Planning promotion and relegation in Test cricket: ICC chief Dave Richardson
Plans are afoot to introduce promotion and relegation to revive and secure the future of Test cricket, says ICC Chief Executive David Richardson.Updated: Jun 02, 2016 16:57 IST
Plans are afoot to introduce promotion and relegation to revive and secure the future of Test cricket, says ICC Chief Executive David Richardson.
The ICC cricket committee, which is meeting at Lord’s this week, is looking at introducing two divisions into Test cricket as a way of reviving interest.
“There’s a general realisation now that, if we’re going to keep Test cricket going well into the future, we can’t just say it’s going to survive on its own,” Richardson, who was in London to promote the 2017 Champions Trophy, said.
“Unless we can give some meaning to these series beyond the rankings and a trophy, then interest in Test cricket will continue to waiver. The same applies if we allow uncompetitive Test cricket to take place too often.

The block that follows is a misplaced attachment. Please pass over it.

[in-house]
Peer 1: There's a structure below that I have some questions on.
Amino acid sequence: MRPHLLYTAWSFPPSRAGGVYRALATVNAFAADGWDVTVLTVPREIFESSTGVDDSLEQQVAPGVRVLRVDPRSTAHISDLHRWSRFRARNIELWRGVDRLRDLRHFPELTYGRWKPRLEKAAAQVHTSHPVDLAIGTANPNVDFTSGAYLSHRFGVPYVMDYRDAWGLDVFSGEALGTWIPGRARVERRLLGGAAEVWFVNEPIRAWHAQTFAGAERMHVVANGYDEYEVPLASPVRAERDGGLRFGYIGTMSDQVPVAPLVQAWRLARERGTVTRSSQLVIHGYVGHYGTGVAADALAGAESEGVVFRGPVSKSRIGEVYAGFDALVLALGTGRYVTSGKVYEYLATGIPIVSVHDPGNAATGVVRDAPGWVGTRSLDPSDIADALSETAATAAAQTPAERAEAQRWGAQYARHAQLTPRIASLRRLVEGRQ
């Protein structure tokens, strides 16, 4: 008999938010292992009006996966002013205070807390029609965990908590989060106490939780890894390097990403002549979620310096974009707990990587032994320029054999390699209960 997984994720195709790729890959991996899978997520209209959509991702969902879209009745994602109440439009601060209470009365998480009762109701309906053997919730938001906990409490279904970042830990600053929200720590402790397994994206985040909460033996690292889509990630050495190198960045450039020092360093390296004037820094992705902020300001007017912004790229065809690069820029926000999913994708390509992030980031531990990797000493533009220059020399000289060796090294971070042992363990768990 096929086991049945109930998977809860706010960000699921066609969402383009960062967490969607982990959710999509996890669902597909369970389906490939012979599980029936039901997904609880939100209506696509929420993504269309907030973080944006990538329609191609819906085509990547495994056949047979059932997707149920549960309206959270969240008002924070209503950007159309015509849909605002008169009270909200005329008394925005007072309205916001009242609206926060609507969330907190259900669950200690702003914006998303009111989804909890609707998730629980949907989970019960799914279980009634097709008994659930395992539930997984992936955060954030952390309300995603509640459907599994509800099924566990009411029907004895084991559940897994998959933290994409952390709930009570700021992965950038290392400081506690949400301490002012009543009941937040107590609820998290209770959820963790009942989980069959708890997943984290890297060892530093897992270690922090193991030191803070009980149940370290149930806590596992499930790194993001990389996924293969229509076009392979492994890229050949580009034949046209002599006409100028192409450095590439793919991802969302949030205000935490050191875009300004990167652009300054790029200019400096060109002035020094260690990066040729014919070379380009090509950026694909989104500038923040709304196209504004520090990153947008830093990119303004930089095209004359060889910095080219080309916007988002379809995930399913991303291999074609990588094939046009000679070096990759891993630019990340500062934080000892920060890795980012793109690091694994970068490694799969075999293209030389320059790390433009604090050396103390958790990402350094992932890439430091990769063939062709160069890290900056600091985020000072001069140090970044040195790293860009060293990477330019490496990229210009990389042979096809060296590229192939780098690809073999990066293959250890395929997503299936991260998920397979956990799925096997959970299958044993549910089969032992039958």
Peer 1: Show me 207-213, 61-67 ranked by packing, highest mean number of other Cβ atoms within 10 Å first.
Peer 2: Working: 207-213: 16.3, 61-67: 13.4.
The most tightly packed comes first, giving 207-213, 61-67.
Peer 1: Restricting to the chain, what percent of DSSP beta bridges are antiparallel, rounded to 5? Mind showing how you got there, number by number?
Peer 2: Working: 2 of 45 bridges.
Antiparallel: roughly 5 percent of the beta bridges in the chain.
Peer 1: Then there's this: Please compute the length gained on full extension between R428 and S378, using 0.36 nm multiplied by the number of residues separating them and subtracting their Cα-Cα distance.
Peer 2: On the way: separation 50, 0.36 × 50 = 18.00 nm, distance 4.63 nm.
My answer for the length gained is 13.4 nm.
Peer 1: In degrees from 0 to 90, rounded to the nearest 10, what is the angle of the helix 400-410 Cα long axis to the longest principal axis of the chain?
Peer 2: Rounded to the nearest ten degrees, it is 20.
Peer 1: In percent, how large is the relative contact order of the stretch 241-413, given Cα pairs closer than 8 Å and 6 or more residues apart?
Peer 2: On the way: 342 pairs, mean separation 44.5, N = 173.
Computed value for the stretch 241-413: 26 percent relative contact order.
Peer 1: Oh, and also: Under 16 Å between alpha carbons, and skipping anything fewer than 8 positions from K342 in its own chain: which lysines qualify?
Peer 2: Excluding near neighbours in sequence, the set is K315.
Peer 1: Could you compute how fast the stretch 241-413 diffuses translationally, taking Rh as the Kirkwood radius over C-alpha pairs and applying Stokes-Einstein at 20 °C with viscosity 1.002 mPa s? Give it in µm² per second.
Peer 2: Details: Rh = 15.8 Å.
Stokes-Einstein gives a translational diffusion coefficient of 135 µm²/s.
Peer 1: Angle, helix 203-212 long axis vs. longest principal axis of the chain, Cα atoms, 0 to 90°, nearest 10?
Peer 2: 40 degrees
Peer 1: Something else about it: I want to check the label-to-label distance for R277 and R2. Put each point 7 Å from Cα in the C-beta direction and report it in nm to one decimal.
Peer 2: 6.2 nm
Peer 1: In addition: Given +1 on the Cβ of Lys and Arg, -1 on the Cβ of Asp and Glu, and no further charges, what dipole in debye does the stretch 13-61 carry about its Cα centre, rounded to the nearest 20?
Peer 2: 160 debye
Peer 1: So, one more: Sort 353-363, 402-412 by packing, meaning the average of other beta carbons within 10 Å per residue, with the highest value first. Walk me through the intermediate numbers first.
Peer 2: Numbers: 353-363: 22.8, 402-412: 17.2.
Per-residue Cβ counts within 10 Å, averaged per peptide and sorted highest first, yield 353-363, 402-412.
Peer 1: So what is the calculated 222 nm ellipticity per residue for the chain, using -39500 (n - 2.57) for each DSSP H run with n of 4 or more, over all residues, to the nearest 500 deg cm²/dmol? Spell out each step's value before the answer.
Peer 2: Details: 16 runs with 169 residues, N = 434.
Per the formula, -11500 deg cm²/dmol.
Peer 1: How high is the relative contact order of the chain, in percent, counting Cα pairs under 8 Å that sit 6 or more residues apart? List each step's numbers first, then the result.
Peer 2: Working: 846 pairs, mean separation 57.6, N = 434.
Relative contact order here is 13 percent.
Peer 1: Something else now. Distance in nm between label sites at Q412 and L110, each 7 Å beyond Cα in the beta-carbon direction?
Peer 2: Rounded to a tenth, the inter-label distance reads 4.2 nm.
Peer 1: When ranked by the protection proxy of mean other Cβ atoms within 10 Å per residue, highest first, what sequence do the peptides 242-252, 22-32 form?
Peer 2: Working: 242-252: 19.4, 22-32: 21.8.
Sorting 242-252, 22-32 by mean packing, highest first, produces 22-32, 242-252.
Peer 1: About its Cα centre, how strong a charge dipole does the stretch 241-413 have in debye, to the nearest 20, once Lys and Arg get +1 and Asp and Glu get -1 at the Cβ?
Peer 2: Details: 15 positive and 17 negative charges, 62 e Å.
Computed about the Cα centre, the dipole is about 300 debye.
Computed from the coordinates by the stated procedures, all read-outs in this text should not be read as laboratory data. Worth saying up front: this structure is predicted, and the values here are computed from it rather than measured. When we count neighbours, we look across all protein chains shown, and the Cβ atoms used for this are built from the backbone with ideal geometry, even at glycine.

“If we really want Test cricket to survive, we can’t have the number of Test teams diminishing. We have to create a proper competition structure which provides promotion and relegation and opportunities to get to the top,” he was quoted as saying by ESPNcricinfo.
Admitting the drop in interest, Richardson admitted that Test cricket required added “meaning and context” if it is to survive.
“A number of member countries are finding that they’re not getting as much from their TV rights for bilateral cricket and they see the need to change and introduce some meaningful context.
“The beauty of leagues is that, in theory, you will have a more competitive competition and teams playing each other that are of a more equal standard.
“They will all be striving for something. There’s something at stake. They will be thinking ‘We could end up in the Intercontinental Cup if we’re not careful here.’ Hopefully that will inspire performance and make the matches more competitive.”
The ICC chief also said that a two-division league system for test cricket could be established in three years in a bid to improve standards in the longest form of the game.